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The Charter of Fundamental Rights of the European Union: The First Ten Years-New Challenges and Perspectives

Vasileios G. Tzemos
1,2,* and
Konstantinos Margaritis
Department of Economics, University of Thessaly, 382 21 Volos, Greece
Greek Public Law Association, 106 79 Athens, Greece
School of Social Sciences, Hellenic Open University, 263 35 Patras, Greece
Authors to whom correspondence should be addressed.
Laws 2021, 10(4), 76;
Submission received: 27 September 2021 / Accepted: 28 September 2021 / Published: 30 September 2021

1. Introduction

Since 1 December 2009, the time when the Treaty of Lisbon came into force, the Charter of Fundamental Rights of the European Union (hereinafter: the EU Charter, the Charter) has been formally included in the EU legal order as primary EU law. In particular, article 6, para. 1 TEU reads:
“1. The Union recognises the rights, freedoms and principles set out in the Charter of Fundamental Rights of the European Union of 7 December 2000, as adapted at Strasbourg, on 12 December 2007, which shall have the same legal value as the Treaties.
The provisions of the Charter shall not extend in any way the competences of the Union as defined in the Treaties.
The rights, freedoms and principles in the Charter shall be interpreted in accordance with the general provisions in Title VII of the Charter governing its interpretation and application and with due regard to the explanations referred to in the Charter, that set out the sources of those provisions.”.
The aforementioned provisions set the constitutional framework for the recognition and application of the Charter as a legally binding catalogue of fundamental rights. However, the history of the Charter goes back to 2000 when it was first proclaimed at the political level by the EU institutions, at Nice, on December 7, without any formal legal recognition. The incorporation of the Charter in the Treaty establishing a Constitution for Europe in 2004 proved to be unsuccessful since the French and Dutch electorate, in the respective referenda, rejected the Treaty (Margaritis 2016).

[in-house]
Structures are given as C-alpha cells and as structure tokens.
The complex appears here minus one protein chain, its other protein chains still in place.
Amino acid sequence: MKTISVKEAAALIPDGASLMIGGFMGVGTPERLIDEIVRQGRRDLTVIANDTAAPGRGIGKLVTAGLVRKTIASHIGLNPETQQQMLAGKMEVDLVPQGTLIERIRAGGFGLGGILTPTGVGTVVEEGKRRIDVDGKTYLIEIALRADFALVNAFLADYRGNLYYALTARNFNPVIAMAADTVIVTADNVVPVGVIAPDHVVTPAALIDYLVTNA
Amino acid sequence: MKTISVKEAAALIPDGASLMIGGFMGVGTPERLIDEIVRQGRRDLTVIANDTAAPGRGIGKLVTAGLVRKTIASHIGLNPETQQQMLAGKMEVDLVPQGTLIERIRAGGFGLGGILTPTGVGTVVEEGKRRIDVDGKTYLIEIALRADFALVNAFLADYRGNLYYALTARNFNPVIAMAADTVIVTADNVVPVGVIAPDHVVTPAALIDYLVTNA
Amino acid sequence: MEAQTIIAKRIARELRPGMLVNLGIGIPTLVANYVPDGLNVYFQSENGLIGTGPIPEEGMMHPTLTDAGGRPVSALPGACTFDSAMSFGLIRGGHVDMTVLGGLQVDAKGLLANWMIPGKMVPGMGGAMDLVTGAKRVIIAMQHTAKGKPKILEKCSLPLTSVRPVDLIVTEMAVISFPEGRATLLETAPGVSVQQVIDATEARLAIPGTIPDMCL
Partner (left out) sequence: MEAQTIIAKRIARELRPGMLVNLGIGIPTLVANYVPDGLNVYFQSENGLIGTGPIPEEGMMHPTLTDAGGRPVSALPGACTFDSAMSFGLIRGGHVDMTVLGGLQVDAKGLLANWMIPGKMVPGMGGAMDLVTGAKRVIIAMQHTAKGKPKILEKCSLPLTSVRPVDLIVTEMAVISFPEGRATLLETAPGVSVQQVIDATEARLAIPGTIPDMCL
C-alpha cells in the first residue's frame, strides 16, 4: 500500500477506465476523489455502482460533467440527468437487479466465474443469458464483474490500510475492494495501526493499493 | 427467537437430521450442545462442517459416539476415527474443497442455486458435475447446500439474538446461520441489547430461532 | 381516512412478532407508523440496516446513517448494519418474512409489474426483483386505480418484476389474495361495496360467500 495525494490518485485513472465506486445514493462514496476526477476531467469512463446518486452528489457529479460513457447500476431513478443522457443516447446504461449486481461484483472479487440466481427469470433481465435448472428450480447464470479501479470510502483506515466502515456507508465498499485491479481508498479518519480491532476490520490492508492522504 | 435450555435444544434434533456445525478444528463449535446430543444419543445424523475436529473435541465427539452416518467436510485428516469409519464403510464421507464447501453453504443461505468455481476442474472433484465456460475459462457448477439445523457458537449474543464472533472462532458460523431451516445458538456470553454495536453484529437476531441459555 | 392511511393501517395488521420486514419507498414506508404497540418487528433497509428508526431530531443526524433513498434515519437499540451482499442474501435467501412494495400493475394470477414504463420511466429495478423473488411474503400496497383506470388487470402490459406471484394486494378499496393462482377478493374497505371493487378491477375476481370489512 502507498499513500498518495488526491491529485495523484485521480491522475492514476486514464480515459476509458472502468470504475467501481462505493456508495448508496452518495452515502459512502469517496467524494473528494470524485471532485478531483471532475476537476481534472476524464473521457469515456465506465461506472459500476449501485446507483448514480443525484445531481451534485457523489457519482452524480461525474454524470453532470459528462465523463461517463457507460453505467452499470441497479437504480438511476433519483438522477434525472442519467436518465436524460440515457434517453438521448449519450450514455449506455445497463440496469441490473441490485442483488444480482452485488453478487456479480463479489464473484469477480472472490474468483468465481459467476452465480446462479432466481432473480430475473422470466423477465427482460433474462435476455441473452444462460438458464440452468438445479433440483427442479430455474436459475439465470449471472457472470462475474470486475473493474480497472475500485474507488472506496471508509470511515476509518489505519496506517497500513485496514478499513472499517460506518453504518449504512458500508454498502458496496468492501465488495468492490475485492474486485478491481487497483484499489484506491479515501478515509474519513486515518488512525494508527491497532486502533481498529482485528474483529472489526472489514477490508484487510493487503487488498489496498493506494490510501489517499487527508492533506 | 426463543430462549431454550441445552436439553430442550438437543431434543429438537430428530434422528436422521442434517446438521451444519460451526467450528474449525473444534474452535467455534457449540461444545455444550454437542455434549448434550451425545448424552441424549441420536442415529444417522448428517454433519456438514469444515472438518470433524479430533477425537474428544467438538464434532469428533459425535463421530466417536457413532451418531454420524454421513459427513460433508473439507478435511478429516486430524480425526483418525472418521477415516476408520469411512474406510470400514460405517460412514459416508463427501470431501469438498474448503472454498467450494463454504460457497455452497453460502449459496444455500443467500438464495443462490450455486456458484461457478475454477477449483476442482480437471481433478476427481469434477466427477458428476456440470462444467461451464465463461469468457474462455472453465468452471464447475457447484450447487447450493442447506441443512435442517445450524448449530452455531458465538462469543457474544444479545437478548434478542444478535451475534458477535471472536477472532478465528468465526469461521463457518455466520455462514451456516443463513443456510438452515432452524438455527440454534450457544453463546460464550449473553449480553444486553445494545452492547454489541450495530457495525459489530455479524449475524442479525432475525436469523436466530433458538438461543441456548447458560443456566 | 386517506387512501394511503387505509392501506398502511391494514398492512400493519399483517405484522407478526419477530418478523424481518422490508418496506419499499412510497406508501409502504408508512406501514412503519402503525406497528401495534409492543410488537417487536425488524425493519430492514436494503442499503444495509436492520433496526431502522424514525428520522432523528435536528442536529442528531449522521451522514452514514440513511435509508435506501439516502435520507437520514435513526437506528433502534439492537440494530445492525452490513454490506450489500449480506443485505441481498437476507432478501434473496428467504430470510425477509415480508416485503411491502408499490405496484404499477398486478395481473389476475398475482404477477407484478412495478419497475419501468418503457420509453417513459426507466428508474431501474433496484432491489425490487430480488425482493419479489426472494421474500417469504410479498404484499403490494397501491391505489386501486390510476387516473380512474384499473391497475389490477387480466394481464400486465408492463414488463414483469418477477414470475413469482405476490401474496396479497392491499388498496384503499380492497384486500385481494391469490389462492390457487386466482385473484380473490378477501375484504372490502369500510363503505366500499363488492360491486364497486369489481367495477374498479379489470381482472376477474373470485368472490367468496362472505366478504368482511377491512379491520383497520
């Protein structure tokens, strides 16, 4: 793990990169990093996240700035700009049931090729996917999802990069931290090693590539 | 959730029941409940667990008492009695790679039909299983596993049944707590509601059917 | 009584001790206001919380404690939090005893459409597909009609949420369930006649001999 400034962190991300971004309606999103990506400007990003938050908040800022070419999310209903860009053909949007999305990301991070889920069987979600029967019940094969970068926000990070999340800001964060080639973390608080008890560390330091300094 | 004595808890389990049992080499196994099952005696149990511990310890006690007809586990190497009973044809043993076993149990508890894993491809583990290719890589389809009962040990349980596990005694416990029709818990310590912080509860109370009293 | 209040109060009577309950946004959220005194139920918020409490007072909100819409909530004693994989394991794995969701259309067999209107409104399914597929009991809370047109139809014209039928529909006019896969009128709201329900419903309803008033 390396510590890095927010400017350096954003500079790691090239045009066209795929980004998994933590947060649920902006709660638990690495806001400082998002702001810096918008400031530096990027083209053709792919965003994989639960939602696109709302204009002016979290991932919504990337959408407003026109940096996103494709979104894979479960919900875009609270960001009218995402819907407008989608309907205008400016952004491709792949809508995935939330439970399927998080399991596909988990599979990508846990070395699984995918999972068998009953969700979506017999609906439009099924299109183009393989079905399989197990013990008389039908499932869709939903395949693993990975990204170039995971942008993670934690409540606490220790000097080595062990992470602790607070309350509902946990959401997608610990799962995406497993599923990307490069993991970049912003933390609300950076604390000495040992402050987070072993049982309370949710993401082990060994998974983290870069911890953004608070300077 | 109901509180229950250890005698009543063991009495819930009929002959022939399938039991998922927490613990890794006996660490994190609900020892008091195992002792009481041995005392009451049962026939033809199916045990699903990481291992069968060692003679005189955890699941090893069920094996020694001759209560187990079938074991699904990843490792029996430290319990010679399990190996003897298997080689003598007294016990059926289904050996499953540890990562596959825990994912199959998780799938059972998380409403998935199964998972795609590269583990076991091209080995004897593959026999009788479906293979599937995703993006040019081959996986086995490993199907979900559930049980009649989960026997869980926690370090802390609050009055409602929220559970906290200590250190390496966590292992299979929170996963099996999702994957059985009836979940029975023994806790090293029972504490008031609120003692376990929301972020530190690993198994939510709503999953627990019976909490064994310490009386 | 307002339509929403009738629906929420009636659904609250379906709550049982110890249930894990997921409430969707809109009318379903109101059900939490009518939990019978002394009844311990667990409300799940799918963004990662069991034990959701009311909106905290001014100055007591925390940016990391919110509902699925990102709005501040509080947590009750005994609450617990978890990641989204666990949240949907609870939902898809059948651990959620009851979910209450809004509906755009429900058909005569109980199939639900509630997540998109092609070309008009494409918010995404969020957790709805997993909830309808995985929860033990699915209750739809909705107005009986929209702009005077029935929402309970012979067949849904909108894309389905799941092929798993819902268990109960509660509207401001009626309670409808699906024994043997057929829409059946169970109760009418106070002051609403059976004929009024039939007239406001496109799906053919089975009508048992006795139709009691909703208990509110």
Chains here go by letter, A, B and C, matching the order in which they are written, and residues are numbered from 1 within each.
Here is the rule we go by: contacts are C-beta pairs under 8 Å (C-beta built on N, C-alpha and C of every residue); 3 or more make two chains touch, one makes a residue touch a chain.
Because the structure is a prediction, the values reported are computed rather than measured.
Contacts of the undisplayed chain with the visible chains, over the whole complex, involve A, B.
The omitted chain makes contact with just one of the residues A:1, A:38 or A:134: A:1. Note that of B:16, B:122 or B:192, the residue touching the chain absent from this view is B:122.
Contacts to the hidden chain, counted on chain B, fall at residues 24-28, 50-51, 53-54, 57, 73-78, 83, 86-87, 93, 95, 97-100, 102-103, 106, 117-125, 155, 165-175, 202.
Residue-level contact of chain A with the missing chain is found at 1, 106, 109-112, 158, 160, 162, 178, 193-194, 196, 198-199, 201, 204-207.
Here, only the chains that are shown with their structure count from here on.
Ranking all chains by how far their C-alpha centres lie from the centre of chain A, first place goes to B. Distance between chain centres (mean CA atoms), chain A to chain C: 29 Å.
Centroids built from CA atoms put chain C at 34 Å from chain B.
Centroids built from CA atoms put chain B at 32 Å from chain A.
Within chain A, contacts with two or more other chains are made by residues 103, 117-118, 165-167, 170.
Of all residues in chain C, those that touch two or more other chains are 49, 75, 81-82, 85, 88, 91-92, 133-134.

As a result, in 2019, the EU Charter of Fundamental Rights celebrated 10 years from its formal recognition as primary EU law. The aim of this Special Issue is to stimulate discussion on the past, present, and future of the Charter of Fundamental Rights of the European Union from a variety of perspectives. In particular, topics of interest included:
The proclamation and formal recognition of the Charter: historical aspects;
The substantive law of the Charter: Theoretical and doctrinal approaches on the rights;
The scope of the Charter;
The formulation of the rights of the Charter through the CJEU case law;
Judicial dialogue between the CJEU and the ECtHR;
The principle of proportionality and limitation of the rights of the Charter;
The role of the Charter in the composite constitutionalism in Europe;
The future of the Charter;
Interdisciplinary approaches to human rights in Europe.

2. The Content of the Charter

The rights included in the Charter have been categorised into six different thematic titles, each reflecting a core value of the European Union; these are Dignity (art. 1–5), Freedoms (art. 6–19), Equality (art. 20–26), Solidarity (art. 27–38), Citizens’ rights (art. 39–46) and Justice (art. 47–50). Apart from the substantive part, the final title VI contains general provisions governing the interpretation and the application of the Charter (Tzemos 2019; Kellerbauer et al. 2019; Peers et al. 2021).
It is worth briefly mentioning article 52 on the scope and interpretation of rights and principles. According to that provision:
  • Any limitation on the exercise of the rights and freedoms recognised by this Charter must be provided for by law and respect the essence of those rights and freedoms. Subject to the principle of proportionality, limitations may be made only if they are necessary and genuinely meet objectives of general interest recognised by the Union or the need to protect the rights and freedoms of others.
  • Rights recognised by this Charter for which provision is made in the Treaties shall be exercised under the conditions and within the limits defined by those Treaties.
  • In so far as this Charter contains rights which correspond to rights guaranteed by the Convention for the Protection of Human Rights and Fundamental Freedoms, the meaning and scope of those rights shall be the same as those laid down by the said Convention. This provision shall not prevent Union law from providing more extensive protection.
  • In so far as this Charter recognises fundamental rights as they result from the constitutional traditions common to the Member States, those rights shall be interpreted in harmony with those traditions.
  • The provisions of this Charter which contain principles may be implemented by legislative and executive acts taken by institutions, bodies, offices and agencies of the Union, and by acts of Member States when they are implementing Union law, in the exercise of their respective powers. They shall be judicially cognisable only in the interpretation of such acts and in the ruling on their legality.
  • Full account shall be taken of national laws and practices as specified in this Charter.
  • The explanations drawn up as a way of providing guidance in the interpretation of this Charter shall be given due regard by the courts of the Union and of the Member States.